Few of us would have imagined even a few weeks ago that I would be writing an article with the title above. We live in strange times. The purpose of this article is to give some advice to commercial landlords and tenants about what the Coronavirus Act 2020 says and how it will affect them for the foreseeable future.
How does it work?
During the relevant period (currently the date of coming into force of the Act up to 30 June 2020 but could be extended), landlords can’t exercise their right to forfeit a lease either by court action or by taking peaceable possession.
If landlords by their conduct appear to have waived their right to forfeiture, this will have no effect unless specifically set out in writing.
Any existing orders already made can’t be enforced during the relevant period. Any failure to pay rent (or other sums) during the relevant period can’t be used as evidence of persistent failure to pay under LL&T Act 1954 Section 30 (1) (b).
How does this affect tenants wanting to ask for rent holidays?
On the face of it, you could be forgiven for thinking it is ok to relax and not enter into dialogue with your landlord. Actually, my advice continues to be to start the conversation.
When we emerge from this lockdown, the world is likely to look very different and even with the suggestion of help from Government for businesses, many companies will be struggling. The speed at which the moratorium was enacted is breathtaking. It may be removed at the same speed, at which point, all usual remedies will then become available to landlords again. To avoid being in a difficult position, attempt to agree something now with your landlord and keep it under review.
When the restrictions are lifted, what can landlords claim?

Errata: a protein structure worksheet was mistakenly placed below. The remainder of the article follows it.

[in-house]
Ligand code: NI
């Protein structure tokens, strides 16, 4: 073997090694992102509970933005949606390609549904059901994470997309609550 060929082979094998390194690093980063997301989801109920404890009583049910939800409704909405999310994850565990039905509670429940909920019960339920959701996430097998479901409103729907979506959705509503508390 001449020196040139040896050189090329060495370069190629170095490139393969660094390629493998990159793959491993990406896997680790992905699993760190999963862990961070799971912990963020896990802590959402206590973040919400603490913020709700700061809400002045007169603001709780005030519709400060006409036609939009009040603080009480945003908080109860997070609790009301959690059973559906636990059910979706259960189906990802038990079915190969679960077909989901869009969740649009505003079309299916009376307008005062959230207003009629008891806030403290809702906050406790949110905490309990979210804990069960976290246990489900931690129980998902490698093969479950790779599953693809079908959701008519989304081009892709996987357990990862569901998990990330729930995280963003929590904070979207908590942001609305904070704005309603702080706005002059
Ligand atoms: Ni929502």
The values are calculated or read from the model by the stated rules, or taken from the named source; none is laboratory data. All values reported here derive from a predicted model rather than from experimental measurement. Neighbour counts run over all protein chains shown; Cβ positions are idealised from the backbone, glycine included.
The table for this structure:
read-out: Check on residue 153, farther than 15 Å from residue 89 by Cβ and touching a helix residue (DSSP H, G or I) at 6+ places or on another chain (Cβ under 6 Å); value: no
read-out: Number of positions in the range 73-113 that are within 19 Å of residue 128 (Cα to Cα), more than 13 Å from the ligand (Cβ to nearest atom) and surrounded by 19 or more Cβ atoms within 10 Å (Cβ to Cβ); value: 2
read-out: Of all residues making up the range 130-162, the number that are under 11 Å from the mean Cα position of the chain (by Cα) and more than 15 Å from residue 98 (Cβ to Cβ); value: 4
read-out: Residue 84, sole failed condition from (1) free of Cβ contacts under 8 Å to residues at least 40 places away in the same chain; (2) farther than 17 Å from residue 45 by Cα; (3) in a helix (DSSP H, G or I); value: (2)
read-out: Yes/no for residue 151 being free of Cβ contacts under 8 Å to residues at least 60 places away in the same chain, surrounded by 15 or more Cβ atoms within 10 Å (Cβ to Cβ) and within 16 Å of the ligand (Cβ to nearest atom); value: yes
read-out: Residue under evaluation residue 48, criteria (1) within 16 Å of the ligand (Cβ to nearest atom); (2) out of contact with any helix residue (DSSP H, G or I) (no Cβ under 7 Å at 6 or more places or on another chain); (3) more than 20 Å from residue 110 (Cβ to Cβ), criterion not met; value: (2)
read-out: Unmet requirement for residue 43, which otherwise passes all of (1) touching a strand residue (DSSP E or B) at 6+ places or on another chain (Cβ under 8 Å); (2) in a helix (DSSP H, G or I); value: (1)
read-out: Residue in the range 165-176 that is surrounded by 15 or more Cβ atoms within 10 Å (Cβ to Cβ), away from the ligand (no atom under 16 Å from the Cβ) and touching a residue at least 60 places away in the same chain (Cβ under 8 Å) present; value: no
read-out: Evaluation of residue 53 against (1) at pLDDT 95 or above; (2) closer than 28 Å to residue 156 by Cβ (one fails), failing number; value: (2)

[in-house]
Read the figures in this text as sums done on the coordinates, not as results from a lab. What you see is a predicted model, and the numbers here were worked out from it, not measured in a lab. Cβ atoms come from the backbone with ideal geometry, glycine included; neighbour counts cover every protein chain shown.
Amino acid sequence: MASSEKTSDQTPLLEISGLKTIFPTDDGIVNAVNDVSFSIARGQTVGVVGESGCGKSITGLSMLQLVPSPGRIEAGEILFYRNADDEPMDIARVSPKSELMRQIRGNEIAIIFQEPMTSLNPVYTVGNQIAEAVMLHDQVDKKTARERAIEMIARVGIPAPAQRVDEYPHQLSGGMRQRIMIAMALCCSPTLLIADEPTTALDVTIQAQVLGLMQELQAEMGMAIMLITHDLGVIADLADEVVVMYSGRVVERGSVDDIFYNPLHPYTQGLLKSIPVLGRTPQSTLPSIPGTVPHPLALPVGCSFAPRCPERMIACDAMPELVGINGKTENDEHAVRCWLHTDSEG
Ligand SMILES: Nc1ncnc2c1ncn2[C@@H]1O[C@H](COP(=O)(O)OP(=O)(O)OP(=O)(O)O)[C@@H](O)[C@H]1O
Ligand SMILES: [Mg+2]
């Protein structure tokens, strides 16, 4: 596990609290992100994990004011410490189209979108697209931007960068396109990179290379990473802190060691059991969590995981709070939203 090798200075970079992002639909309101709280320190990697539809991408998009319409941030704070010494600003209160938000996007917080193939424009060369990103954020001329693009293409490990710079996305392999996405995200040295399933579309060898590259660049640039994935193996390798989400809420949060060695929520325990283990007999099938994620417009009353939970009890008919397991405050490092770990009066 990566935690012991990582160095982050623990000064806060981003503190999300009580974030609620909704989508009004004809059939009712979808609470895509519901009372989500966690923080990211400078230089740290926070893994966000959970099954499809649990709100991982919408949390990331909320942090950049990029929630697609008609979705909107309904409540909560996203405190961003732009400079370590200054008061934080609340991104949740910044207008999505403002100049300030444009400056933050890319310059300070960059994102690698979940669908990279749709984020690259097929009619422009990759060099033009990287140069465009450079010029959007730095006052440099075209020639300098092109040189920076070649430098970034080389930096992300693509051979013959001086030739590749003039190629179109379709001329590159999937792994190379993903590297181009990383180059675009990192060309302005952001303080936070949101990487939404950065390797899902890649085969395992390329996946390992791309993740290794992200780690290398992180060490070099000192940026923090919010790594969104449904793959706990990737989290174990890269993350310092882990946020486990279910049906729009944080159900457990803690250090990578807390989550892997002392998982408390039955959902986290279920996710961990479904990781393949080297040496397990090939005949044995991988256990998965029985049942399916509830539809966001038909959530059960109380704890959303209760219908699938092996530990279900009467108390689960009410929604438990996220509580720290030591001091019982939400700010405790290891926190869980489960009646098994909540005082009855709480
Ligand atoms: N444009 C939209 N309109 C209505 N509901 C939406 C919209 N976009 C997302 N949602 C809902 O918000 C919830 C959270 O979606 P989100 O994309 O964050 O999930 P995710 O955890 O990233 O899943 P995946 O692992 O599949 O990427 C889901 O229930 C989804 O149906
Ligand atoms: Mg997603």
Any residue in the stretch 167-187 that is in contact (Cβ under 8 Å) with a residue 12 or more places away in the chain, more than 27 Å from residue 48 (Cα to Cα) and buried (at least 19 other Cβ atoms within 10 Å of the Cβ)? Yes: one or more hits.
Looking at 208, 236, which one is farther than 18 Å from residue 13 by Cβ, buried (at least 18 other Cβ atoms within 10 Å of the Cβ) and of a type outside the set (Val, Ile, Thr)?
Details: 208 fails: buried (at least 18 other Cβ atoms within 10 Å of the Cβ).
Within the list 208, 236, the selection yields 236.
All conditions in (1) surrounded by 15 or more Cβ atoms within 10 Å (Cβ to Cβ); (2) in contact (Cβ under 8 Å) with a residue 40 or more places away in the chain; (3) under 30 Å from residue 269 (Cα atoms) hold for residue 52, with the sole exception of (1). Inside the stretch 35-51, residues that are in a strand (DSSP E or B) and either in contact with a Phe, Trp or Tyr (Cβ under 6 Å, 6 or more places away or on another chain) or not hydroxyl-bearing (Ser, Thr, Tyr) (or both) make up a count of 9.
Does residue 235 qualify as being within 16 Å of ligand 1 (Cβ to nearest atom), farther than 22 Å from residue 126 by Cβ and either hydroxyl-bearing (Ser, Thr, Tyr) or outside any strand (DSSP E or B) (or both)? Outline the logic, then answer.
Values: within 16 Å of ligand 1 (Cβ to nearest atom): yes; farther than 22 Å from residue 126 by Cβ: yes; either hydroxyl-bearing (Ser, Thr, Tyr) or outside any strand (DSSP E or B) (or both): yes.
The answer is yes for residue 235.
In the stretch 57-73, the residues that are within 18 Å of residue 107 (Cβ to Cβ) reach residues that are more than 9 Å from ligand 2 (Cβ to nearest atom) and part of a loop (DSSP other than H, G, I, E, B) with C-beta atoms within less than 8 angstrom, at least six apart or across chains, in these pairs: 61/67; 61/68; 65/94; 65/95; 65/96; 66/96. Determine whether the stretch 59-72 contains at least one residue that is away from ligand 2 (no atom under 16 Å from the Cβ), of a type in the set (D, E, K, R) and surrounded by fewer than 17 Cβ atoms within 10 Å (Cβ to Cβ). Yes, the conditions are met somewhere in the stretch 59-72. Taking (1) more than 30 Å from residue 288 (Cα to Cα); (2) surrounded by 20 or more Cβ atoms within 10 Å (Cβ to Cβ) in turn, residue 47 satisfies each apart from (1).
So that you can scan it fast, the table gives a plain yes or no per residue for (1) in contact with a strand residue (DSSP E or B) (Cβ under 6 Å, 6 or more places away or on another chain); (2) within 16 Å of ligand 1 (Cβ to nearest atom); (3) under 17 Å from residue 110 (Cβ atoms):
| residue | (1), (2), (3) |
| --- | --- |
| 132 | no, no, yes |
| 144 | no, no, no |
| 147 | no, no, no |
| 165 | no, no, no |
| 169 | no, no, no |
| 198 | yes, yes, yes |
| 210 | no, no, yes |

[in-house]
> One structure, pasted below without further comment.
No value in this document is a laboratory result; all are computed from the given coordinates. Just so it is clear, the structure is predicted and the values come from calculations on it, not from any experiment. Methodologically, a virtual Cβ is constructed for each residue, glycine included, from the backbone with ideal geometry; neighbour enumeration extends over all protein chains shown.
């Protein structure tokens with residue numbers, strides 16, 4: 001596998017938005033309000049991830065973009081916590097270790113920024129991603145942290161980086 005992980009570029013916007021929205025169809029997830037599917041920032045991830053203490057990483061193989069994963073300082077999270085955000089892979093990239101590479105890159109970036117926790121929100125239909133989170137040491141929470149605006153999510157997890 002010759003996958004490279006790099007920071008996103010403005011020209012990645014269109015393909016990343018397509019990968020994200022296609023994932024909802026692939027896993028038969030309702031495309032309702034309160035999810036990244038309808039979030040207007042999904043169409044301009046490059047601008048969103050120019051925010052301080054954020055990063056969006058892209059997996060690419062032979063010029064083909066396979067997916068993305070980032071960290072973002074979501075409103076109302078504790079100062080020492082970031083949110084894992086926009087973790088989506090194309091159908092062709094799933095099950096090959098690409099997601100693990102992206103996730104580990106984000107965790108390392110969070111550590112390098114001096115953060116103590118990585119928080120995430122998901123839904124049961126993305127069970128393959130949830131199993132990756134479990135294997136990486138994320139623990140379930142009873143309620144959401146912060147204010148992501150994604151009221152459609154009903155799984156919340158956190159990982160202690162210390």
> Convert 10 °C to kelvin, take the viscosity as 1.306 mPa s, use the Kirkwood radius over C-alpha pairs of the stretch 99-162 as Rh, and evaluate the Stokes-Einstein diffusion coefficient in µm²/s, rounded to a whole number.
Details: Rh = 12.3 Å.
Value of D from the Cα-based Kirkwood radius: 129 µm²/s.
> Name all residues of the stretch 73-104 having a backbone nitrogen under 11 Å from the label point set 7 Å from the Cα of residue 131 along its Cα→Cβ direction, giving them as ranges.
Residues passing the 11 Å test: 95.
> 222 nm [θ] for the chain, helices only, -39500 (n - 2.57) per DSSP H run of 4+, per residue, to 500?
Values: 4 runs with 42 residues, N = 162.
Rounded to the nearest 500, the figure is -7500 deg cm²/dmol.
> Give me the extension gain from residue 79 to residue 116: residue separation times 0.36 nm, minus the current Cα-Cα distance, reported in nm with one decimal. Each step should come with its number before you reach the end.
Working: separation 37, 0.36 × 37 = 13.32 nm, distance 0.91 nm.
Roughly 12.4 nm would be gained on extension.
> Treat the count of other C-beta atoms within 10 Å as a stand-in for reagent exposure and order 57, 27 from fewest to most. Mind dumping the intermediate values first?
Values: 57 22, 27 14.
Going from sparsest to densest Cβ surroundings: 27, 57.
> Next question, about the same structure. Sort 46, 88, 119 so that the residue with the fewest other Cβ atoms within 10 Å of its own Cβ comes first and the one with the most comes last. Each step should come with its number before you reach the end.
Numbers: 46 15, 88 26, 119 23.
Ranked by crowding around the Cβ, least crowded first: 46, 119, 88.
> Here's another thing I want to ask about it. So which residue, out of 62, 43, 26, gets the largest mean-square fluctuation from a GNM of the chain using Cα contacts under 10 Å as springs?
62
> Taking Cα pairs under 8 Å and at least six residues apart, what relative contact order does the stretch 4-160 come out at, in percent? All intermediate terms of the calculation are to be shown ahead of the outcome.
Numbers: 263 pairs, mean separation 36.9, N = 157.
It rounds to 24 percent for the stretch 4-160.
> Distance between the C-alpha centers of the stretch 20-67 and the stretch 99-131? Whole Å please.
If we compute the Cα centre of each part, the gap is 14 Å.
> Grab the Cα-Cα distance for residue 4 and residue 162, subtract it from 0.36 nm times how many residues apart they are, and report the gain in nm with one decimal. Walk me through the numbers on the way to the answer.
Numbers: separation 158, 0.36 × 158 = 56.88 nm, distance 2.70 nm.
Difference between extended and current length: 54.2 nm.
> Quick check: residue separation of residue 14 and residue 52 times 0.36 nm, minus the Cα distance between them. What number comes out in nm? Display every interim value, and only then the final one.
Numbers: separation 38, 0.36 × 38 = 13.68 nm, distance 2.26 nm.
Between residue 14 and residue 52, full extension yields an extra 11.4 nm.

Basically, any rent or other payments due under the lease, if not paid, will be claimable by the landlord as part of an arrears claim either with, or without, forfeiture. Interest is usually also payable depending on the way the lease has been drafted.
I have an agreement not to pay, what does it mean?
In essence, there are three possibilities:
- The first is a rent payment holiday. This would usually be on the basis that the parties agree the rent does not need to be paid right away but it will be paid eventually when the tenant can afford it. This can also be called a rent suspension, but please note that it differs from rent suspension under the insured risks provisions of the lease as loss of rent insurance does not usually contemplate Lockdown due to Coronavirus. This would usually be agreed by way of exchange of correspondence and would not permanently change the lease terms
- The second is a rent concession or agreed rent free period. This would be where the parties have agreed that the tenant can stop paying all or part of the rent and that it would not be demanded in the future. Again, this can be documented by exchange of correspondence.
- The third, more permanent solution, would be an agreed re-gearing of the lease terms. For this to happen, the parties would need to have agreed to vary the terms of the lease. In this situation, it will be necessary for there to be a deed of variation setting out the agreed changes.
For the most part, your changes will be in either of the first two categories. However, if this situation carries on for a significant period, it may be that we will see many more variations to leases being agreed as landlords and tenants work together to seek an assured future together.
What does an agreement in writing look like?
Writing usually can include anything written, including emails. However, do be careful.
Some leases, even today, set out that writing does not include email or fax. As we adapt to life working remotely, and in a more paperless wa,y my guess is that even lawyers will have to accept that the pen may be mightier than the sword but that email is mightier still!
If you have any other questions or would like to speak to a member of our Commercial Property team, call us now on 01962 844333 or email firstname.lastname@example.org.